The other day we were eating breakfast, and Paul joked that the only reason he has to go to work is to pay for all my paint test pots! I am slightly embarrassed to admit, but I think I have a test pot addiction? I literally adore colour, and when I see a new shade of grey up on the walls it feels like I could literally bounce off them from my giddy high.
Like any bad vice, the amount of money I have wasted trying to find the perfect colour is beyond total recall. And since we are chomping through our bathroom budget money fast, I need to figure out a way to get this right. So I am on a reconnaissance mission to find out is what is the best way to choose a paint colour for your walls every time.
After consulting with a paint expert, gathering some research, plus combining my own experience I have come up with 5 easy steps for choosing wall colour.
- Do not pick a wall colour based on your computer. From my own experience choosing colors from my computer has led me up the wrong garden path every time. That is because every monitor reads colour differently.
Here is a great anecdote from Lewan Technology – “When you walk into a major electronics store, they have dozens of flat screen TVs displayed on the wall, all playing the same video. If you stand there and look at the images on the different screens, you’re going to notice the picture looks slightly different on each one. Brighter whites or deeper blacks, warmer or cooler tones, less or more contrast, etc. Every TV varies because of screen type, contrast ratio, color calibration, the room’s lighting and even the data transmission hardware”.
If you need further proof look at my latest blunder choosing colour from my lap top screen. I found the exact vanity colour we are after on Pinterest: French Beret, Benjamin Moore. I couldn’t believe my luck when I found an American paint stockist in Naenae, Lower Hutt? Here is the color on my screen.
And here is the colour on my cupboard door (French Beret paint on the left). I don’t know if there was a typo, or if I need to go to Specssavers, but to me these colours do not match up? We had better luck choosing from the paint card.
- Test directly on the walls. I know most 101 painting classes will tell you to paint an A4 piece of paper or card and place that on the walls in varying light so you can see how the light reflects off the colour. But if you can paint on the walls directly you will get a better idea of how the paint is on this particular texture. If this is not possible then get some scrap plywood and paint your test colour on the board. At least this way you will be able to move the board around your house.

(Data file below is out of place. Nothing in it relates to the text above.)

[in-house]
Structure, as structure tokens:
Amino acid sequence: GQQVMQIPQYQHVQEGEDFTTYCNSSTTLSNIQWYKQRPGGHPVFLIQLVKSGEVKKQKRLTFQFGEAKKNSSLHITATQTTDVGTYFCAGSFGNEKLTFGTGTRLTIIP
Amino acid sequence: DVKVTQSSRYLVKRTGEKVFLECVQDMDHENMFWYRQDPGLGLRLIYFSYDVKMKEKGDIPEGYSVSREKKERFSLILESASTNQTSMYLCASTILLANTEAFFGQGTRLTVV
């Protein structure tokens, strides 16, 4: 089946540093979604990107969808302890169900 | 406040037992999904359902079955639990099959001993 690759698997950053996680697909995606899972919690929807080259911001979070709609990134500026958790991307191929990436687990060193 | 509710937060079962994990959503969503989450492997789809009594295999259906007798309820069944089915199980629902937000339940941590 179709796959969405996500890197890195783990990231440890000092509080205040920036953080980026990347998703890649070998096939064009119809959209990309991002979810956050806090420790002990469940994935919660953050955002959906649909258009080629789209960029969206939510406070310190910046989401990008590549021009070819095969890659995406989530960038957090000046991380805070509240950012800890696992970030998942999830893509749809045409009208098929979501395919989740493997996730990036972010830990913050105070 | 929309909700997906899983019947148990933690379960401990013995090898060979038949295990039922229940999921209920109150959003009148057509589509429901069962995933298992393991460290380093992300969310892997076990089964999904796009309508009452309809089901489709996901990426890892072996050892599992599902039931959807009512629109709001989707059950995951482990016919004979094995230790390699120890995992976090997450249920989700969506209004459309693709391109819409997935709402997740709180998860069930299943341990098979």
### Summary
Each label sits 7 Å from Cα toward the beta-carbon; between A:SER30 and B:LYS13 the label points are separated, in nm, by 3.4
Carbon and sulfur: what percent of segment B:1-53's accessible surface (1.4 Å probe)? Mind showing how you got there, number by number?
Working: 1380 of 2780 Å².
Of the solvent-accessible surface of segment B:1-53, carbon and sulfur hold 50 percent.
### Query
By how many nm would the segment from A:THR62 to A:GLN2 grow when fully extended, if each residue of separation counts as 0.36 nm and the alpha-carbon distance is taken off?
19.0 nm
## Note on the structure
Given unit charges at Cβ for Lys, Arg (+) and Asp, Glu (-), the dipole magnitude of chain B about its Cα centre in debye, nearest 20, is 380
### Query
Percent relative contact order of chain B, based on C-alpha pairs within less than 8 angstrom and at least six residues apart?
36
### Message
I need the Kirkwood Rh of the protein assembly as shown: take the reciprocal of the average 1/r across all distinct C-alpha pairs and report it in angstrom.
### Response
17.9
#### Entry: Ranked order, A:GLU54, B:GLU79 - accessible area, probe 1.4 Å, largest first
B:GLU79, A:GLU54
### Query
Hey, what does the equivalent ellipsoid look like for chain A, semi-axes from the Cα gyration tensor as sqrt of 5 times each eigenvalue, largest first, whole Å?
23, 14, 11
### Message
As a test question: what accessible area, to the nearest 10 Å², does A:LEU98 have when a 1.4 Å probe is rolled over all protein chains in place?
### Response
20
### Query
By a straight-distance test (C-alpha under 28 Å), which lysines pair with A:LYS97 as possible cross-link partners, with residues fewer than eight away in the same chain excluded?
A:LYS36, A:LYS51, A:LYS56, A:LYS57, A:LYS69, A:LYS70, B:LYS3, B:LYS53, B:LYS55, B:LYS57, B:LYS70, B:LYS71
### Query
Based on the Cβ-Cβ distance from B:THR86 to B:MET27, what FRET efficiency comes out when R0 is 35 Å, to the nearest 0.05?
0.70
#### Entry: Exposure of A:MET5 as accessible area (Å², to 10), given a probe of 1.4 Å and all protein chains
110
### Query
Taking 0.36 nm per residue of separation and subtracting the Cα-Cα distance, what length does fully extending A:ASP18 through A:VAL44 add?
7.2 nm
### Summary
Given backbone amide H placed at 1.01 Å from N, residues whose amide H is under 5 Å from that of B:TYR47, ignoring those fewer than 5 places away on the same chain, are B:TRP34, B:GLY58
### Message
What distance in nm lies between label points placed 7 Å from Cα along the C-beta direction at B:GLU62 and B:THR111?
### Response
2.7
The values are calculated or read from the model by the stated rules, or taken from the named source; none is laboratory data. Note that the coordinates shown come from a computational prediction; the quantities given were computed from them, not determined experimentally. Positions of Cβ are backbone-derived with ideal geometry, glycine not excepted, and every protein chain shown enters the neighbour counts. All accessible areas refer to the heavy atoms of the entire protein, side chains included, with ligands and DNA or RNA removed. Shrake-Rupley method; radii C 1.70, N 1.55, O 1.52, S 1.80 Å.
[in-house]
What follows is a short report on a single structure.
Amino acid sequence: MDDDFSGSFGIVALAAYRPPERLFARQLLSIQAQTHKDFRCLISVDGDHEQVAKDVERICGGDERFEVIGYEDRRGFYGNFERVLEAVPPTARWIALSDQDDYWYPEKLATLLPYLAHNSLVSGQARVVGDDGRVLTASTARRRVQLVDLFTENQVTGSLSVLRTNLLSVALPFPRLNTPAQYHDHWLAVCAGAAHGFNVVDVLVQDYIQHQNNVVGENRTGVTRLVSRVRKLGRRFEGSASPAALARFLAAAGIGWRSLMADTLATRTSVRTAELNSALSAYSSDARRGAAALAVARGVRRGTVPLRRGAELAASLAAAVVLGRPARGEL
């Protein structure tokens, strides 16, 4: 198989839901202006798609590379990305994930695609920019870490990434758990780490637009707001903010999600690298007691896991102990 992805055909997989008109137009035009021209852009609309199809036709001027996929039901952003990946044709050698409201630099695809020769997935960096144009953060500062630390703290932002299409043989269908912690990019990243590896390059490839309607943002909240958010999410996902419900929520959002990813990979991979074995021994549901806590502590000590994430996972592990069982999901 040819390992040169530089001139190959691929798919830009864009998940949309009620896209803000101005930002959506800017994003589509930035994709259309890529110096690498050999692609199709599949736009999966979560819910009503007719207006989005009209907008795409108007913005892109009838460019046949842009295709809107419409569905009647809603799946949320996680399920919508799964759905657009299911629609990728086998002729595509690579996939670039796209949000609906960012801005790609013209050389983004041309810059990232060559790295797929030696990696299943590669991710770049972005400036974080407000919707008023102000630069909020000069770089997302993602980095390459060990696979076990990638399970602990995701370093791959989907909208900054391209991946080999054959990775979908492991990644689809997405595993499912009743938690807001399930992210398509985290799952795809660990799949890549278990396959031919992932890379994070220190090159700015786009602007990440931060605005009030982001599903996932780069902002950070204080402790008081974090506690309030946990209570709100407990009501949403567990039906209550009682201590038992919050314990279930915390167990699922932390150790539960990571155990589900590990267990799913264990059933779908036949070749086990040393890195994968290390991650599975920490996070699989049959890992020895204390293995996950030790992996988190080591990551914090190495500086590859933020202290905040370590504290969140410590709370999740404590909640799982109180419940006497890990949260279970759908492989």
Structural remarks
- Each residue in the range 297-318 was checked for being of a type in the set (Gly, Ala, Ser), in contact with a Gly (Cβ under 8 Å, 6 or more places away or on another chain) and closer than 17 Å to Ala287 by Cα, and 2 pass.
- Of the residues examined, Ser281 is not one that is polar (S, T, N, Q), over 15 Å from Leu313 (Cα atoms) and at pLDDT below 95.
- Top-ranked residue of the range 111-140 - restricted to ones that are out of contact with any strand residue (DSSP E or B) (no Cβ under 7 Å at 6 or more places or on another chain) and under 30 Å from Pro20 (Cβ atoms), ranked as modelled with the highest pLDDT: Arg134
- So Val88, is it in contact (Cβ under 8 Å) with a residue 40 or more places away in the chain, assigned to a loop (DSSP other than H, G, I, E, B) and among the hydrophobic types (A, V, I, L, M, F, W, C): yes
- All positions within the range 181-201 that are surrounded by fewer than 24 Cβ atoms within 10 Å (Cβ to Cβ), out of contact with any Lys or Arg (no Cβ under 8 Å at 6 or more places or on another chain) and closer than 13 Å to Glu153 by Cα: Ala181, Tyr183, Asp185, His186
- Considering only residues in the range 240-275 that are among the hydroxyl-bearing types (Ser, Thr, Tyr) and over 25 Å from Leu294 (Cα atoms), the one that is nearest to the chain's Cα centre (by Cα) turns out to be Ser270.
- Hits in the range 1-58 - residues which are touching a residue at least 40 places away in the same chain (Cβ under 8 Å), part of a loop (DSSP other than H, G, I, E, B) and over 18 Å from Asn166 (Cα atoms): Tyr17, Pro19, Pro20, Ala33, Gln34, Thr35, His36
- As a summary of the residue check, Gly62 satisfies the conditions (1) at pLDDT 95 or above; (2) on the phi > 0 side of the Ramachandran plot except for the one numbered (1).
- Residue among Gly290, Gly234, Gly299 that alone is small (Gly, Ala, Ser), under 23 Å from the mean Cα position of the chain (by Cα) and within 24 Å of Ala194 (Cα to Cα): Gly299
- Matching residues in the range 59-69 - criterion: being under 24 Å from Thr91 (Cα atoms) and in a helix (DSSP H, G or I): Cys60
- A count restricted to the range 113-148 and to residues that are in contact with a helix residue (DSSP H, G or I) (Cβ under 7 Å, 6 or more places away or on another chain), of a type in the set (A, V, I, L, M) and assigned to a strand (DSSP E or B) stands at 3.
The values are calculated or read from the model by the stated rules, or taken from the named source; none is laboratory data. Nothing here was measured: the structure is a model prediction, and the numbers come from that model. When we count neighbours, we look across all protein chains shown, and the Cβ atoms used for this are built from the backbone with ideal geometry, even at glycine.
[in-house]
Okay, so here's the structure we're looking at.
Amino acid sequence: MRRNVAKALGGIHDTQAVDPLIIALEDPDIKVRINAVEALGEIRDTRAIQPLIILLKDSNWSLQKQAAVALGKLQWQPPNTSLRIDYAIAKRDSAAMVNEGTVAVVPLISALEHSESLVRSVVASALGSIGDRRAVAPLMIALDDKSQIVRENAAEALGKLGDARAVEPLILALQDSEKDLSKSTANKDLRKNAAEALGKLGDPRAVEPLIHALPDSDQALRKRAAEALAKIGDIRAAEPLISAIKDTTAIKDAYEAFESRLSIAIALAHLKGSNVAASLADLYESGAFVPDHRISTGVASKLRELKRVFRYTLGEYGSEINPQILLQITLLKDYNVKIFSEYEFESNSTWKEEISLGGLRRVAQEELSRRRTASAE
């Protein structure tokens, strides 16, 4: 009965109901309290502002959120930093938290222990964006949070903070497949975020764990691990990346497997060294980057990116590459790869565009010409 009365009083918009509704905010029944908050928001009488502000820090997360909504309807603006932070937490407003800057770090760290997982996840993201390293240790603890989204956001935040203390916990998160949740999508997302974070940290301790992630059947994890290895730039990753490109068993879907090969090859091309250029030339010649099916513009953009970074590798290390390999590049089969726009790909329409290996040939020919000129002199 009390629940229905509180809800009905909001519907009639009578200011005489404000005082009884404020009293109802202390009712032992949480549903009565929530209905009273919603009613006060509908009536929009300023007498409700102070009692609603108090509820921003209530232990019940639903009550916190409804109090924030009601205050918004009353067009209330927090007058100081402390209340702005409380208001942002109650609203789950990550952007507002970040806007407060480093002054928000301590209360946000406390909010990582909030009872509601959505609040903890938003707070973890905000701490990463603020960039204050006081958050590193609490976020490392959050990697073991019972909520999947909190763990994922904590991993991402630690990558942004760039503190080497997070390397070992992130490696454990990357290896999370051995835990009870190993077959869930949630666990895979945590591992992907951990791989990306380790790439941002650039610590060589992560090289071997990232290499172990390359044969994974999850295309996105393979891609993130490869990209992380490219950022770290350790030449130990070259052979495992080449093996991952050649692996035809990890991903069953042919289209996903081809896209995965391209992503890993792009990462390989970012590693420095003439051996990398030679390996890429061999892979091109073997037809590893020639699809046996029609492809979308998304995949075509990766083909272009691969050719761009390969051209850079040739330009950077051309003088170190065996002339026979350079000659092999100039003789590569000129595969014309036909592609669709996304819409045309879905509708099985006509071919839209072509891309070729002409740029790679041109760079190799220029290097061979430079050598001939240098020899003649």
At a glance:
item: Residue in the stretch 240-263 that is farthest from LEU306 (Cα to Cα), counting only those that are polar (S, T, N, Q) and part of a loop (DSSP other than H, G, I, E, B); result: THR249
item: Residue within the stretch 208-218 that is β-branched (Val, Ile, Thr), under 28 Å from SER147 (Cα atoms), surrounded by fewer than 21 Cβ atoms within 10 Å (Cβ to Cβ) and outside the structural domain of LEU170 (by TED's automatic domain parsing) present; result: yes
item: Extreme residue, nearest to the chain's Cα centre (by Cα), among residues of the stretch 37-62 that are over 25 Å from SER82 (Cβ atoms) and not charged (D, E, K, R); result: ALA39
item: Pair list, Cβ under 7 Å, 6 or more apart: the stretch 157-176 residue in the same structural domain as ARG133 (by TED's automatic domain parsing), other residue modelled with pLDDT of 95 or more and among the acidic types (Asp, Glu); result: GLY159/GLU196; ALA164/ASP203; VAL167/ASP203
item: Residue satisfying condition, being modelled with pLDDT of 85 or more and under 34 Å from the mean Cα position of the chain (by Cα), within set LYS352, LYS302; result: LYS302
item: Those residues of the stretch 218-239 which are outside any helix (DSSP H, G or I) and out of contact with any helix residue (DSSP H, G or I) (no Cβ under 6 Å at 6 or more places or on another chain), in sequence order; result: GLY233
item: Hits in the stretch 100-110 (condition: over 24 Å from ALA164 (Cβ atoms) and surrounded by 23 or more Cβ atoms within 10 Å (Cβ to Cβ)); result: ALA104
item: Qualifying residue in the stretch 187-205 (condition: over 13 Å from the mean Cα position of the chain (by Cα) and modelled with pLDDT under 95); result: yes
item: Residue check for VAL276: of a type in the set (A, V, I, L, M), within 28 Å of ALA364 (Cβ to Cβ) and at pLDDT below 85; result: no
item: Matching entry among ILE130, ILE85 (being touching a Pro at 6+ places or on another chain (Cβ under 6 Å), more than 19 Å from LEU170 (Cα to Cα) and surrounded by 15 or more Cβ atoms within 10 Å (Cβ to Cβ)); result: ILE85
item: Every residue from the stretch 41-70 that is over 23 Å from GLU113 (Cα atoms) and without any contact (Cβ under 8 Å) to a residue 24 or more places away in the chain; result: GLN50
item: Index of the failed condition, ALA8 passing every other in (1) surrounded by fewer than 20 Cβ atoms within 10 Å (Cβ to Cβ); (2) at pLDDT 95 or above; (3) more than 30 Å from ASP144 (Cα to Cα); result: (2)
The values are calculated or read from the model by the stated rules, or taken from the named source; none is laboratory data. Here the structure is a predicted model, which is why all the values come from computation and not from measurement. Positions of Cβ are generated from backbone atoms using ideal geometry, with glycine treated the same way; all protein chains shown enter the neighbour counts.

We finally found our vanity colour Sea Smoke from yes Benjamin Moore Paints. Paul has just about painted every corner of the house in this denim grey colour.
The bathroom cuboard…
The bathroom vanity…
The kitchen cupboard where there is a ton of natural light.
The only thing that might trip us up is currently our bathroom is all boarded up while we wait for our new double glazed windows.
That leads to me to point three…
- Use the tester in a light room and in a dark room. As mentioned above when your colour receives a hit of sunlight it will read differently than a colour that is in a dark corner of the room. Try putting up the colour on a wall that gets lots of natural light and one that doesn’t to see the contrast.
- Paint at least two coats on your test run and make sure you put up a decent swath. From the picture below you can see how an extra coat of paint can make a difference to the final look. Also, don’t be measly when putting up a swath. Aim for at least a 30 x 30-centimetre swath up so you get a good sense of the colour.
5. Think about your lighting. My very practical partner Paul believes that when it comes to lighting one needs to consider what is the room used for and not just how the colour looks artistically with the light fitting. Your laundry room lighting requirements are going to be different from say the task lighting you will need in the bathroom or a reading room. Generally ambient lighting will admit a soft warm glow, and task lighting used over the mirror or a chair will have a whiter glow. Before you buy that 10 litre of paint, you might want to consider how your lighting plays off against your colour on the wall.
I know I am just scratching the surface with my very basic 5 points on testing paints above. So if anyone else has any other tips and tricks up their painting sleeve please share with us in the comments below.